Daily Archives: 14 November 2017

Fixed Term Lecturer in History – University of Canterbury

Lecturer in History (Teaching and Administration only)
College of Arts

Either one full-time (1.0 FTE, 37.5 hours per week) position, or 2 part-time positions (0.5 FTE each, 18.75 hours per week)
Fixed term from Feburary 2018 to December 2019

The School of Humanities and Creative Arts within the College of Arts at the University of Canterbury is seeking to appoint one or two Fixed Term Lecturers (Teaching and Administration only) to support the History Programme. There is the possibility for either one appointment at 1.0 FTE or two appointments at 0.5FTE, and candidates should indicate their interest in one or both levels in their application. The term of appointment would be from February 2018 to December 2019.
The appointees’ principal duties will be the coordination and delivery of History courses at a range of levels, including Honours, and supervision and co-ordination of post-graduate students as appropriate. Other responsibilities will include appropriate pastoral care of students, administrative tasks, and possible supervision of tutors.
Candidates must hold or be near completion of a Ph.D. in History. The candidate will ideally have teaching experience at tertiary level, a record of research and publication, effective interpersonal skills and a collegial approach to teaching and administration. Knowledge of e-learning applications and the ability to integrate technology into teaching is desirable. An interdiscliplinary approach to historical knowledge is welcome and the candidate will be expected to offer both existing and new courses courses which complement and extend the History Department’s current offerings. While applications are invited from any field of history, strong teaching and supervisory experience in the history of Aotearoa New Zealand is preferred, as is the ability to teach into at least one other area of specialisation. An applicant appointed at 1.0 FTE will have teaching expertise in the history of Aotearoa New Zealand as well as capacity to provide courses related to another area of specialisation.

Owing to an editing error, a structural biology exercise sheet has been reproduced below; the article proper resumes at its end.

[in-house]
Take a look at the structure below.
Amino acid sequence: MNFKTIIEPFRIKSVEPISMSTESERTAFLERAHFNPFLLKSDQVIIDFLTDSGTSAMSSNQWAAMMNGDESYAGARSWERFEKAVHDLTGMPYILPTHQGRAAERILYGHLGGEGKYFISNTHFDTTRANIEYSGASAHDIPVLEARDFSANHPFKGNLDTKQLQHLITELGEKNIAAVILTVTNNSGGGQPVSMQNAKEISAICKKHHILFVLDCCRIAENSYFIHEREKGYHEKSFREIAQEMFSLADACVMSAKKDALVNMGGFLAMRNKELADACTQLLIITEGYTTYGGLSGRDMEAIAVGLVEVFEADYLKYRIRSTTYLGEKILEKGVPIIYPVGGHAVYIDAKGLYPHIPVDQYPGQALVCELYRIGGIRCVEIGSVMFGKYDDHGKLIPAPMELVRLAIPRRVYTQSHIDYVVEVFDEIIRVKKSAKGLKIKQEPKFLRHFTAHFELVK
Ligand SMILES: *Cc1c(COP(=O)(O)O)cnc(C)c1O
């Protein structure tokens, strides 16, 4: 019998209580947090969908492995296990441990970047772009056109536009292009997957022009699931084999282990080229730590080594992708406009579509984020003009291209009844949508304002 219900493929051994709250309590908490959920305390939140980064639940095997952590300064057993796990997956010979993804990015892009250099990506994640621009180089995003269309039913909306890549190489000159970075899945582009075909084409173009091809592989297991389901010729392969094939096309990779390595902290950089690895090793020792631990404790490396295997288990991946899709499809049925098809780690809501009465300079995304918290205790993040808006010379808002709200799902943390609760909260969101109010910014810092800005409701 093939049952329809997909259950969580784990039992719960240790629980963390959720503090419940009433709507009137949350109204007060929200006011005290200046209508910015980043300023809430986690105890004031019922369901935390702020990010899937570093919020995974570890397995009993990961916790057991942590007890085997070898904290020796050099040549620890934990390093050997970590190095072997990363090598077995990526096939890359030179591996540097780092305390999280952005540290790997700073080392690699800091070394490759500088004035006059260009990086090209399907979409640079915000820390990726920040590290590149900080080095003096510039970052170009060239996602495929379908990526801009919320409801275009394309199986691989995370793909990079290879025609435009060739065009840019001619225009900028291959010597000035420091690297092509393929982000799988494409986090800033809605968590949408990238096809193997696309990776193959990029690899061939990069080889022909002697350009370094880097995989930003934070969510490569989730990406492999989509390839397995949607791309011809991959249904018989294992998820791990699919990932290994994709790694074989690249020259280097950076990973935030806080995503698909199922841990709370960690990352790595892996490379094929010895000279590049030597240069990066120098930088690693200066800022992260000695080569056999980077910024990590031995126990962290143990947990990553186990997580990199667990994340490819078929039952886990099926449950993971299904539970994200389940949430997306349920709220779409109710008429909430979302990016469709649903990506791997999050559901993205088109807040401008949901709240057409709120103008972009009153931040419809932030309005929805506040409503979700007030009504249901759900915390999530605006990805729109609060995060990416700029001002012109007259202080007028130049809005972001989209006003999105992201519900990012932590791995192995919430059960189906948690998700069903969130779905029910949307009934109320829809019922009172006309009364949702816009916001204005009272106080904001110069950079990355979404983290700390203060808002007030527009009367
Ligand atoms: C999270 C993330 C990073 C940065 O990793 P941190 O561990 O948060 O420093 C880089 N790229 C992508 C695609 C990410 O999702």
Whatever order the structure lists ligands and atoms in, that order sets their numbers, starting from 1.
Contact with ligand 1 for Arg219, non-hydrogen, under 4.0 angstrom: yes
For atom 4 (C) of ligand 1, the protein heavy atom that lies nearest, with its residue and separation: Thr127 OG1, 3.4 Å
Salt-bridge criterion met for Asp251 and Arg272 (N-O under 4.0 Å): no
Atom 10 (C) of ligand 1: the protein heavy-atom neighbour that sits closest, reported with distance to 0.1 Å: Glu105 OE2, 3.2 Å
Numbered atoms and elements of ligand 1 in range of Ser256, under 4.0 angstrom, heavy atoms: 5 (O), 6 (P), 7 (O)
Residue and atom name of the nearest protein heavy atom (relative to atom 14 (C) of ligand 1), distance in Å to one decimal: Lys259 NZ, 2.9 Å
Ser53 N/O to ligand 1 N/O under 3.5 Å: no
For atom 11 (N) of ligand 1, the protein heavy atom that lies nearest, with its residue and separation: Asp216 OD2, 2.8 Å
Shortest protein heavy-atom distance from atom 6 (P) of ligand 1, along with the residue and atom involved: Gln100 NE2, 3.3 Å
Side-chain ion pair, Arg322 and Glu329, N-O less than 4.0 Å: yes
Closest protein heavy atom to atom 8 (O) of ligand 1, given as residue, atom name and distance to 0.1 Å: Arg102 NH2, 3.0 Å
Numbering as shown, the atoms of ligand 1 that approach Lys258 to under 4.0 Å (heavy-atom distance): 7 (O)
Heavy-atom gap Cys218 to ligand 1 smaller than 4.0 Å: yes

The closing date for this position is: 30 November 2017
Applications for this position should include a cover letter, resume, at least two outlines of proposed courses, evidence of teaching experience and student surveys/peer review and any additional attachments combined into one document and submitted online. Two references, including comment on teaching ability, will be requested from short listed candidates.
Should you wish to e-mail any additional attachments or have queries in relation to the application process, please forward these to georgia.arthur@canterbury.ac.nz
Further information about this role can be obtained by contacting Jane Buckingham, Head of History, on jane.buckingham@canterbury.ac.nz
Internal candidates should apply via the Careers option in Employee Self-Service: https://ucpeople.canterbury.ac.nz
The University of Canterbury is an EEO employer and actively seeks to meet its obligation under the Treaty of Waitangi.


The Maladies, Miracles and Medicine of the Middle Ages, II. Places, Spaces and Objects – Call for Papers


As medievalists, we access our period through the written records, sites, and items that survive in order to form a deeper understanding of the period, one that goes beyond the page or the ruinous buildings that remain today. Using a wide range of sources is particularly valuable when considering the miraculous and the medicinal. After all, it is not just the writings, but the spaces, places and objects of both healthcare and of the holy which can inform and shape our research, and than of understanding. Indeed, in many instances these two elements combine, as can be seen through the production of miracle cures, the monastic collections of medical treatises, and medieval hospitals and monastic infirmaries.

But, what can these sources tell us of miracles, of medicine, of maladies? How did the miraculous and the medicinal relate to and/or oppose each other? What can we learn of faith and the faithful, and of ill-health and healing? It is questions such as these which the second ‘Maladies, Miracles and Medicine’ conference considers by bringing together post-graduate and early-career researchers who work on all aspects of the healing and the holy. The conference welcomes papers on all aspects of this theme whether your interests lie in archaeology, art, literature, medicine and science, or miracles and theology (or a little bit of everything). Particular themes to consider are:

  • Pilgrims as ‘patients’ and miraculous medicine
  • Hospitals, hospices and infirmaries as places of cure and places of piety
  •  Objects of healing and/or objects of faith
  • Landscapes and locations of religion and remedy
  • The written word as place, space, or object of cure or of faith
  • Personal devotion and home-based healthcare

Proposals for twenty-minute papers fitting broadly into one of the above themes are welcomed from all post-graduate and early-career researchers before the deadline, 5. January 2018. Proposals of no more than 200 words, and further enquiries are to be sent to the organisers, Dr Ruth Salter and Frances Cook, via: gcms.reading@gmail.com. Please be aware that further details will be released closer to the date.